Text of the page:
Nuclear power in the United Kingdom

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https://en.wikipedia.org/wiki/Nuclear_power_in_the_United_Kingdom




Nuclear power in the United Kingdom generated 16.1% of the country's electricity in 2020.[1] As of March 2022, the UK has 11 operational nuclear reactors at five locations (10 advanced gas-cooled reactors (AGR) and one pressurised water reactor (PWR)), producing 6.8 GWe.[2] It also has nuclear reprocessing plants at Sellafield and the Tails Management Facility (TMF) operated by Urenco in Capenhurst.


The United Kingdom established the world's first civil nuclear programme,[3] opening a nuclear power station, Calder Hall at Windscale, England, in 1956. The British installed base of nuclear reactors used to be dominated by domestically developed Magnox and their successor AGR reactors with graphite moderator and CO2 coolant but the last of those are nearing the end of their useful life and will be replaced with "international" pressurised water reactors. At the peak in 1997, 26% of the nation's electricity was generated from nuclear power. Since then several reactors have closed and by 2012 the share had declined to 19%.[4] The older AGR reactors have been life-extended,[5][6] but they are now towards the end of their life.


In October 2010, the Cameron–Clegg coalition gave permission for private suppliers to construct up to eight new nuclear power plants.[7] The Scottish Government, with the backing of the Scottish Parliament, has stated that no new nuclear power stations will be constructed in Scotland.[8][9] E.ON UK, RWE npower and Horizon Nuclear Power have been pulling out of their initial plans for developing new nuclear power plants, placing the future of nuclear power in the UK in some doubt. Despite this, EDF Energy is still planning to build four new reactors at two sites, with construction ongoing at Hinkley Point in Somerset.[10][11]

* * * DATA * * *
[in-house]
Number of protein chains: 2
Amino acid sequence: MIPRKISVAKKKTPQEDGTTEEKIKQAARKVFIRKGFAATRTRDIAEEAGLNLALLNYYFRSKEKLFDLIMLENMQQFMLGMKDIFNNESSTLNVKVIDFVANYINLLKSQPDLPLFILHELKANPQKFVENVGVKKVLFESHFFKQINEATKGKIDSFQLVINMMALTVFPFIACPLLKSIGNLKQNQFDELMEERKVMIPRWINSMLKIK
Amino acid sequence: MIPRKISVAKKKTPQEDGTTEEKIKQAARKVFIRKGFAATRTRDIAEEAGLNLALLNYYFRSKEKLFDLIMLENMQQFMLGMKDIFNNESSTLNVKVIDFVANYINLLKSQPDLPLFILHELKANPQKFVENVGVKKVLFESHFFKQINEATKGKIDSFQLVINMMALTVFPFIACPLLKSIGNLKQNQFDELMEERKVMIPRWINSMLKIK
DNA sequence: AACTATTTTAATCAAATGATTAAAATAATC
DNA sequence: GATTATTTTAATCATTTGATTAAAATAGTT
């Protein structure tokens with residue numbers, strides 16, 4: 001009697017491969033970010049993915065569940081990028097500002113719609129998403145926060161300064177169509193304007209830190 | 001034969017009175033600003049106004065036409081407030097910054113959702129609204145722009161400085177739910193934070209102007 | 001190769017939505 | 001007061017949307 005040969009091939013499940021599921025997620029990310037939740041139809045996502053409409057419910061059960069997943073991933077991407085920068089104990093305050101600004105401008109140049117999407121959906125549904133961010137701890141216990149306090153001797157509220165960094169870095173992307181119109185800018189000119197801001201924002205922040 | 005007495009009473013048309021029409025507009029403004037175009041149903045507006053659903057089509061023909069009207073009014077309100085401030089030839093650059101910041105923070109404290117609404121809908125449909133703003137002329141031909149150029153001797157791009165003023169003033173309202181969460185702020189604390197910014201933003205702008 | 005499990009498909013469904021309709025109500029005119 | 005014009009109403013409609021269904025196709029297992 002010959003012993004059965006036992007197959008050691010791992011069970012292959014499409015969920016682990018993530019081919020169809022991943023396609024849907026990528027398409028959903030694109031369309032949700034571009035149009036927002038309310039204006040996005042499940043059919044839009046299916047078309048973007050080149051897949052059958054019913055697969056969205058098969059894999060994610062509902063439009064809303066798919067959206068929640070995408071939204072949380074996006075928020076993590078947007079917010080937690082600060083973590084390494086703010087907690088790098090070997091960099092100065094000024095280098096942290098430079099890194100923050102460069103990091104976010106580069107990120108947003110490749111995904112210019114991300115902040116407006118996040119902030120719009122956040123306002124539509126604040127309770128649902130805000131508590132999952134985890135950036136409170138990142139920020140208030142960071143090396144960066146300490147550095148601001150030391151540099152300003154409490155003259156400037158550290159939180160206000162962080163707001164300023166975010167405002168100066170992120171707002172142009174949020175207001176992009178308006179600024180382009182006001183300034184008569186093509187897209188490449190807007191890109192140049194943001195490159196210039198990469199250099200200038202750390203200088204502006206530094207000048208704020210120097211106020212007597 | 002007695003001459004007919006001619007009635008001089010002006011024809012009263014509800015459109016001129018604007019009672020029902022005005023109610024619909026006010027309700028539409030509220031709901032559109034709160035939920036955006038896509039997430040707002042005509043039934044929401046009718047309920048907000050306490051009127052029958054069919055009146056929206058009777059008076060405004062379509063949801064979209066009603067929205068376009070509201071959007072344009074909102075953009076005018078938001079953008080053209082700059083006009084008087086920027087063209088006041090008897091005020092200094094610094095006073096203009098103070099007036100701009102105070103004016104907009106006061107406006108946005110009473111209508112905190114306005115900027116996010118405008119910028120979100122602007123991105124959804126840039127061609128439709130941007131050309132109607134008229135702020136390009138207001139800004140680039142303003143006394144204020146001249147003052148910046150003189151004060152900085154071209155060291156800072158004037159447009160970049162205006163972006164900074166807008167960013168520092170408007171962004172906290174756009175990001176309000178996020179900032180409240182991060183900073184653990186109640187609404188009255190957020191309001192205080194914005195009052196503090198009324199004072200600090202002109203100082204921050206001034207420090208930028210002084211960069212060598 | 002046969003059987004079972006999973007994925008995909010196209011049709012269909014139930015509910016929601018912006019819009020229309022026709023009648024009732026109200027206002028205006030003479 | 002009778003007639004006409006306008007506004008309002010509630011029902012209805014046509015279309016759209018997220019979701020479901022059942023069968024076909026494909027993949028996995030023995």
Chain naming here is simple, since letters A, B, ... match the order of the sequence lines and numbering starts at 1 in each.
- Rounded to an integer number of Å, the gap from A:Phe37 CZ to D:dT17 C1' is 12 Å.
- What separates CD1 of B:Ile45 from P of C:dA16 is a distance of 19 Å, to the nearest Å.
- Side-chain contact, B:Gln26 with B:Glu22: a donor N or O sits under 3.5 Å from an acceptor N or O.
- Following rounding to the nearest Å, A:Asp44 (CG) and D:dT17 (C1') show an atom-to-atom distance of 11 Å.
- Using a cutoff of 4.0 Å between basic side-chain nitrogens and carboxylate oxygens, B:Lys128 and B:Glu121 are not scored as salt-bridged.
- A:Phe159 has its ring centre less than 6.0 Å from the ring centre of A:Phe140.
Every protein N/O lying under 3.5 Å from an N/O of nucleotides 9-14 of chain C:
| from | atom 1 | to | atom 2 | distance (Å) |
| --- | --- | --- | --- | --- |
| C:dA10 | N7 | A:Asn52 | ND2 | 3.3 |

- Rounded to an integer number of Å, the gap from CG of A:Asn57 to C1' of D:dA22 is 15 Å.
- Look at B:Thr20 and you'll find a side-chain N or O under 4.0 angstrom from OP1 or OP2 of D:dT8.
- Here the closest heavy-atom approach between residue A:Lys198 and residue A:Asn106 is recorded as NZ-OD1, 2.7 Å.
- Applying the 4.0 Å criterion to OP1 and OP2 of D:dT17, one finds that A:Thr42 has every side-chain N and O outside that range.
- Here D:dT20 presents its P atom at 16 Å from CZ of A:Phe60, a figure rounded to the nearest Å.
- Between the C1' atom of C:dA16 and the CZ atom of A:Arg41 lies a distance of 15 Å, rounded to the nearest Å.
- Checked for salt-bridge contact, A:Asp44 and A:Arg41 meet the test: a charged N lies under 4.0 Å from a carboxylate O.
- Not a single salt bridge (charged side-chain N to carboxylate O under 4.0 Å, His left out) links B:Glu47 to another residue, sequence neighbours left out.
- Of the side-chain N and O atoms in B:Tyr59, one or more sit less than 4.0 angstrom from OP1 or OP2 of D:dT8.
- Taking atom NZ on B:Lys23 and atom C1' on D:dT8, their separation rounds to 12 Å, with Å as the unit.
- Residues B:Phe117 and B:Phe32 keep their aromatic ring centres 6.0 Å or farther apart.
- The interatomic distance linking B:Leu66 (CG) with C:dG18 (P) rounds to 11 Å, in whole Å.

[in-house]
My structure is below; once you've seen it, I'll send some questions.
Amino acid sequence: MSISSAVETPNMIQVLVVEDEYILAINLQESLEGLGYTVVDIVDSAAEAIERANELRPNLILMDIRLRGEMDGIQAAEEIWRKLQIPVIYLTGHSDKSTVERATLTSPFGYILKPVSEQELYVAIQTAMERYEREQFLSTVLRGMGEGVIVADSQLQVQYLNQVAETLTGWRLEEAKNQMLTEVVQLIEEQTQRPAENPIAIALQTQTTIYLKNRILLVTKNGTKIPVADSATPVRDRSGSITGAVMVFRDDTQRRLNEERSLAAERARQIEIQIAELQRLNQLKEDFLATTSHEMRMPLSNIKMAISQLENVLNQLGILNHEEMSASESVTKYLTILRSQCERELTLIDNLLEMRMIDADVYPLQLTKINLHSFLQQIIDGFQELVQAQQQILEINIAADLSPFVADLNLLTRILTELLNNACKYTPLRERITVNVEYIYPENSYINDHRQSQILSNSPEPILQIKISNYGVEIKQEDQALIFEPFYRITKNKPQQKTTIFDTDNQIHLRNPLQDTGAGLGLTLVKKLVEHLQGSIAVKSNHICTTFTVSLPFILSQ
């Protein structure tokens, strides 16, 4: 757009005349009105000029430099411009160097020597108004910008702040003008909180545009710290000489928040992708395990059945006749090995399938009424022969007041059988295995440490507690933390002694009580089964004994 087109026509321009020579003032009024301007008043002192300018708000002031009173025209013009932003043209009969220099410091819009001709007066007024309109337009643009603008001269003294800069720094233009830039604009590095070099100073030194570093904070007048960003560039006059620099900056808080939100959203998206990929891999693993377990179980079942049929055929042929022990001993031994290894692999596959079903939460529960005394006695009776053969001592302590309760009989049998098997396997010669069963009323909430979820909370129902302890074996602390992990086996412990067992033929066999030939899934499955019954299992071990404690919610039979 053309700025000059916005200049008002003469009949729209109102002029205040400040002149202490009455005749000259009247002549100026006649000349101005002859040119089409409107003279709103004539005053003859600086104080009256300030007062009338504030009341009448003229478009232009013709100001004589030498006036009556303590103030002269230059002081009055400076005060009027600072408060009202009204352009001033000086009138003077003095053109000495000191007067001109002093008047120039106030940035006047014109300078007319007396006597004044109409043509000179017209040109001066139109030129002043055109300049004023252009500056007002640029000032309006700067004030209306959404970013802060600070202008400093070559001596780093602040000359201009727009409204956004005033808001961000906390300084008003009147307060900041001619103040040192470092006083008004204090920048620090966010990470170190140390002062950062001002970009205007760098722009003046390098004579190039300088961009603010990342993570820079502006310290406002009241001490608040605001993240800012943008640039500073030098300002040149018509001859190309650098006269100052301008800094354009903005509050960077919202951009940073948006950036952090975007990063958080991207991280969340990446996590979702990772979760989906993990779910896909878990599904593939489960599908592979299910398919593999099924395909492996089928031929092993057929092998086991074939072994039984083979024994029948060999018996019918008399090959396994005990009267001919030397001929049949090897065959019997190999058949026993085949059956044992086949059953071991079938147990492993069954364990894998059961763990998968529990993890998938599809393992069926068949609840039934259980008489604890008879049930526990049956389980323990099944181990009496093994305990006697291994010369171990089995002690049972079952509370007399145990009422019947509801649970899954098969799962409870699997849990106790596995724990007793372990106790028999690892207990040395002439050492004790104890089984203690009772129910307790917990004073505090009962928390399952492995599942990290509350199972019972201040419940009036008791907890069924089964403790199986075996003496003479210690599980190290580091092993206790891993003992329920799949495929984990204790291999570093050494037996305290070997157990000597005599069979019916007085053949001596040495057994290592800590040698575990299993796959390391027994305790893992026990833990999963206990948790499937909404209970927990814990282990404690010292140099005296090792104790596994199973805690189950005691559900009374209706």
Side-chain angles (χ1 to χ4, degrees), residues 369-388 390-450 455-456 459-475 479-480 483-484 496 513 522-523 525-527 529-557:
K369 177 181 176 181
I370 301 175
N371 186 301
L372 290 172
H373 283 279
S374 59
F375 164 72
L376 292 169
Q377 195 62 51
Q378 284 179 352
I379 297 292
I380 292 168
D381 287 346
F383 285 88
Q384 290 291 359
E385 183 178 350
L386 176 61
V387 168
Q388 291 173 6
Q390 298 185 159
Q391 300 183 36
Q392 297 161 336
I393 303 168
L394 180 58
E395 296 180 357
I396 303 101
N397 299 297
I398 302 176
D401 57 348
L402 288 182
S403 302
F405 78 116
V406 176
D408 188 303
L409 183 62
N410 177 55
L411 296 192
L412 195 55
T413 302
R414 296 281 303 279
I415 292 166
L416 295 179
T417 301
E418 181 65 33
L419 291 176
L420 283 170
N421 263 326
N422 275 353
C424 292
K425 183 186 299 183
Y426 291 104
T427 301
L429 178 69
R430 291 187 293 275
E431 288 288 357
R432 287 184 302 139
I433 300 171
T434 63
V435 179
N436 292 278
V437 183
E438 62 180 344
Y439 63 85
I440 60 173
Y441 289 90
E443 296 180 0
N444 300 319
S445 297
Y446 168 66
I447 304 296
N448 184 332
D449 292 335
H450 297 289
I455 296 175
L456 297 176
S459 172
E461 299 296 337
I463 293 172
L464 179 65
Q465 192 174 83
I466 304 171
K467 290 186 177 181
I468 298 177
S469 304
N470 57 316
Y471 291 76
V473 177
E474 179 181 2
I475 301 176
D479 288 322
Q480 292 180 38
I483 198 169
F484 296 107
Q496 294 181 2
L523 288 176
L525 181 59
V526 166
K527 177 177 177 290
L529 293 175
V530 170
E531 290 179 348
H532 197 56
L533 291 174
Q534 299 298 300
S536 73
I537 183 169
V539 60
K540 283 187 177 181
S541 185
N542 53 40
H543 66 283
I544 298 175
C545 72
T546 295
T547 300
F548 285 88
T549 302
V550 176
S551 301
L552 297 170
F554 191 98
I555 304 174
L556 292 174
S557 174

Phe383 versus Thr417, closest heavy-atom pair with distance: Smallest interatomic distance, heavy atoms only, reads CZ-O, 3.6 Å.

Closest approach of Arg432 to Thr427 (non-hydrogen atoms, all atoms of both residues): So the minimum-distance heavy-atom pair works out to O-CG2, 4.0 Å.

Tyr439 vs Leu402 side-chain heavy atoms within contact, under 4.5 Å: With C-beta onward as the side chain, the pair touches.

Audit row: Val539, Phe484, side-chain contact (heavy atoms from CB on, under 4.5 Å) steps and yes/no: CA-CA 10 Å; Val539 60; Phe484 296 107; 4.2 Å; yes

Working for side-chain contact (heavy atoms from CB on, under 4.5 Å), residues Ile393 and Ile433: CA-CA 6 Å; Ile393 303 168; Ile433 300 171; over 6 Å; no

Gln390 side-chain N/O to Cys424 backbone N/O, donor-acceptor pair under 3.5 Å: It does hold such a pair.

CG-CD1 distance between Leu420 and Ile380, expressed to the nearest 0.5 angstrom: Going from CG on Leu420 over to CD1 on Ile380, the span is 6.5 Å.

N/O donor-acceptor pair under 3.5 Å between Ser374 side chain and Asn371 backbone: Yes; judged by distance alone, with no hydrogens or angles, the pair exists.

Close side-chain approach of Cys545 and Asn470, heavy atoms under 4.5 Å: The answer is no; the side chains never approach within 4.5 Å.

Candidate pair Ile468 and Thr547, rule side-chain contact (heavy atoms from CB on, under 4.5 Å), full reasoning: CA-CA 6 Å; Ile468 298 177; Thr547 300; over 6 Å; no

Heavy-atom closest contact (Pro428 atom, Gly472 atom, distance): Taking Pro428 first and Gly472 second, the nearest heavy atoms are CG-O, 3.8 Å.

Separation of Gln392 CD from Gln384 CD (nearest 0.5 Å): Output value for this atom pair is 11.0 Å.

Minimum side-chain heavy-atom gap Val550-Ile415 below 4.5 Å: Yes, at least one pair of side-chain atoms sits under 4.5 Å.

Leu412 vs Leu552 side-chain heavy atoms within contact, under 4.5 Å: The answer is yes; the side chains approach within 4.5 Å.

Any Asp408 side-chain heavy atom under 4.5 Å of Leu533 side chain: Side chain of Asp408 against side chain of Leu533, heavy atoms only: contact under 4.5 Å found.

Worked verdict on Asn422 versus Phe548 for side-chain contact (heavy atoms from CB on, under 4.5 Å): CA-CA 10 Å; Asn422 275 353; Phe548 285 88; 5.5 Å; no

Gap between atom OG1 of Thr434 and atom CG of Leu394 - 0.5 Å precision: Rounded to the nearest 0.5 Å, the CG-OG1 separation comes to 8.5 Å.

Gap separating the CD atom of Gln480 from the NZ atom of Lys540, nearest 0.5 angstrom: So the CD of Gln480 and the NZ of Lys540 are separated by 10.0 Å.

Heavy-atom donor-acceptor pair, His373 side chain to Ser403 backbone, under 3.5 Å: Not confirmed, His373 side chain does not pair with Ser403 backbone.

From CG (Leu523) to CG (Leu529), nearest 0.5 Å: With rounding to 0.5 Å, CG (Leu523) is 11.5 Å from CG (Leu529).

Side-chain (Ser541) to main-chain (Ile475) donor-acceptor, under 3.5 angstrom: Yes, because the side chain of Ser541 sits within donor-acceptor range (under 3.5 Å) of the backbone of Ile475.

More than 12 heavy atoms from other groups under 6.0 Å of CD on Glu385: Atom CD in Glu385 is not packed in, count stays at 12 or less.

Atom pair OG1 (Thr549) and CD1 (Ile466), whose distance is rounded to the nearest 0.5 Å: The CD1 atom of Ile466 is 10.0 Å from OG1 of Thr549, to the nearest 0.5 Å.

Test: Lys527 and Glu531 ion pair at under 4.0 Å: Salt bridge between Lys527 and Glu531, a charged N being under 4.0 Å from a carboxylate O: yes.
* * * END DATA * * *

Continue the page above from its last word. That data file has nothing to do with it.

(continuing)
In light of the 2022 Russian invasion of Ukraine, the government of Boris Johnson has announced a renewed commitment to nuclear power, using the EPR and potentially other PWR designs as well as yet-to-be-developed small modular reactors in a push towards energy independence and decarbonisation while replacing the ageing AGR reactors and phasing out gas and coal for electricity generation. While there is a de facto nuclear power phaseout underway in Scotland and there are plans to replace existing reactors with newly-built ones in England and Wales (sometimes using existing sites for the new reactors), no nuclear power plant has ever been built or planned in Northern Ireland.


EDF Energy owns and manages the five currently operating and two de-fuelling reactor sites.[12] Six new plants are proposed to be built in the next few decades. All nuclear installations in the UK are overseen by the Office for Nuclear Regulation.


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